The New Statistics

I've collected some links for those of you seeking a better understanding of sabermetrics.

Sabermetrics 101: from the blog Lookout Landing (Seattle Mariners). There are 10 different posts, covering a variety of topics.

Metaprimer: wOBA: from South Side Sox (Chicago). The main thrust is wOBA, but it gives some background so you can see how it's put together.

Guide to Stats: from River Ave. Blues (Yankees). An accessible, readable summary, making it a good place to start.

FanGraphs Glossary: The stats used on the FanGraphs site are explained, but scroll to the end of the page for two seven-part series by Dave Cameron on Win Values. Good stuff!

The Hardball Times Glossary: A very handy list--with links--of the acronyms and abbreviations the stat-heads throw around.

Everything you always wanted to know about (the new statistics): Alex Remington's collected articles for Big League Stew (on Yahoo Sports) covers stuff like BABIP, WAR, UZR, etc.

It's okay to be mystified by linear weights: An excellent THT article by Joshua Fisher that pounds home the point that I make below, namely, that you need to grasp the ideas rather than the math.

The FJM Glossary: Mr. Fisher's article above links to the now-defunct Fire Joe Morgan website for this priceless glossary. Just in case you thought saber-folks had no sense of humor.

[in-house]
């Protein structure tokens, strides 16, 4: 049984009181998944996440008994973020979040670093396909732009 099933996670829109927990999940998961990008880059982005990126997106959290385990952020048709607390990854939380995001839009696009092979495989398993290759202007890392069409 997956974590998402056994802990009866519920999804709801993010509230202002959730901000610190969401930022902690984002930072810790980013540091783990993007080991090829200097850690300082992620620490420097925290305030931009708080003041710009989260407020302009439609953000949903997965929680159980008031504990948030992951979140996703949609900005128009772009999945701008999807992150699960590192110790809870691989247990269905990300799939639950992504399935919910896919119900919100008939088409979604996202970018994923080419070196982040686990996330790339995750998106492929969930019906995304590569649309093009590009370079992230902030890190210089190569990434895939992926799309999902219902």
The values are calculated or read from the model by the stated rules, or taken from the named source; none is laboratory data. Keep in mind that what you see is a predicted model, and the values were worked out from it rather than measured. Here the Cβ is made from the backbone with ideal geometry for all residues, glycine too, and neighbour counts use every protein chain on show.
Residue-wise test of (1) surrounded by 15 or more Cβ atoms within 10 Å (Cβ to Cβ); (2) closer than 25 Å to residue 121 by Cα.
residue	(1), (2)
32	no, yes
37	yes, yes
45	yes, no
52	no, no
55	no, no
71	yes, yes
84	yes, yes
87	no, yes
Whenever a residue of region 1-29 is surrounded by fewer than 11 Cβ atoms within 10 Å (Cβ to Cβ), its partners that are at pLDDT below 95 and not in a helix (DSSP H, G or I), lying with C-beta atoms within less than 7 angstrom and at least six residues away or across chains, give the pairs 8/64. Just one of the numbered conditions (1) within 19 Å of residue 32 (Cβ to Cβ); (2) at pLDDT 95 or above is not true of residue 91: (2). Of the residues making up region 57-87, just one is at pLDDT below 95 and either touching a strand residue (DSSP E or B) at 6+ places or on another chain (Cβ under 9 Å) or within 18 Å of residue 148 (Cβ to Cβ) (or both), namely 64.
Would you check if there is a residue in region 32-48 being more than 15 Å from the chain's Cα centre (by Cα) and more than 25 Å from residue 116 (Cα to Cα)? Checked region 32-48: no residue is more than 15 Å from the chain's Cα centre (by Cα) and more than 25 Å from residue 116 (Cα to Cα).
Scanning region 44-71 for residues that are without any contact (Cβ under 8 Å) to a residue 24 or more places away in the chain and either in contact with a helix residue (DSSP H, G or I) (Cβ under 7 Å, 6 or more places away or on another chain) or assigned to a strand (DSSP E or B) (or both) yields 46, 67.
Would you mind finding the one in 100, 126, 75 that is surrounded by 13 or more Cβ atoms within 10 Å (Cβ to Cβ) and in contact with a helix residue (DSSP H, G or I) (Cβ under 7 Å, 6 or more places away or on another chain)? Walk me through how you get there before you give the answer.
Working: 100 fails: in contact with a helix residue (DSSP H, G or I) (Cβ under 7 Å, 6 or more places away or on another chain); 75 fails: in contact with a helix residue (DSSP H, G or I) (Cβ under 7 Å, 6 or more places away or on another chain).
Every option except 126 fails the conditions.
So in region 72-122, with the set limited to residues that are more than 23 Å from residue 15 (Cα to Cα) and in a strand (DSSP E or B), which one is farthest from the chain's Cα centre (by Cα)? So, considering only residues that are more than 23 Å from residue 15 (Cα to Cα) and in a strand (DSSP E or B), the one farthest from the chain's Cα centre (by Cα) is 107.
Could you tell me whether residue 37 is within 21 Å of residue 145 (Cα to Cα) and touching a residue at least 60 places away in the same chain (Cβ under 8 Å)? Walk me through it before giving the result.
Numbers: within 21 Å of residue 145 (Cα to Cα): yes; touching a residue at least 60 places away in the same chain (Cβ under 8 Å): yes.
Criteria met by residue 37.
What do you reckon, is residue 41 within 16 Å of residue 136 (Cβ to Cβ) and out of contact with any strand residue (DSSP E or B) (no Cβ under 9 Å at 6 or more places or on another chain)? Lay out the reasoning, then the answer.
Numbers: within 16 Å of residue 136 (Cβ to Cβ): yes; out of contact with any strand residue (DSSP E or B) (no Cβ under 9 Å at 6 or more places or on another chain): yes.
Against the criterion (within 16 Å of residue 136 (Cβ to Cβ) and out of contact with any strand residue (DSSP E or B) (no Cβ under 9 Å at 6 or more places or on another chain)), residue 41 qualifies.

The Monster in the Mirror: JT Jordan at THT explains linear weights.

The Sabermetrics Library: The ultimate source--some of the materials above are included at this site.

That's enough to keep the nerdiest of you busy for a while. Try not to absorb the stuff all at once--just get a feel for the general assumptions behind the metrics, and how they require you to look at the game a little differently than you used to. The best part about sabermetrics is that there are plenty of math whizzes out there to do the work. We have the luxury of enjoying the fruits of their labors! As you begin to grasp the new stats, you'll find that the old ones you grew up with are less and less revealing. You'll start asking more questions about context, and you'll seek new kinds of comparisons. Baseball is great--we've spent our lives being "students of the game." The more we learn, though, the more we realize how little we know. That means we get to be "students of the game" forever!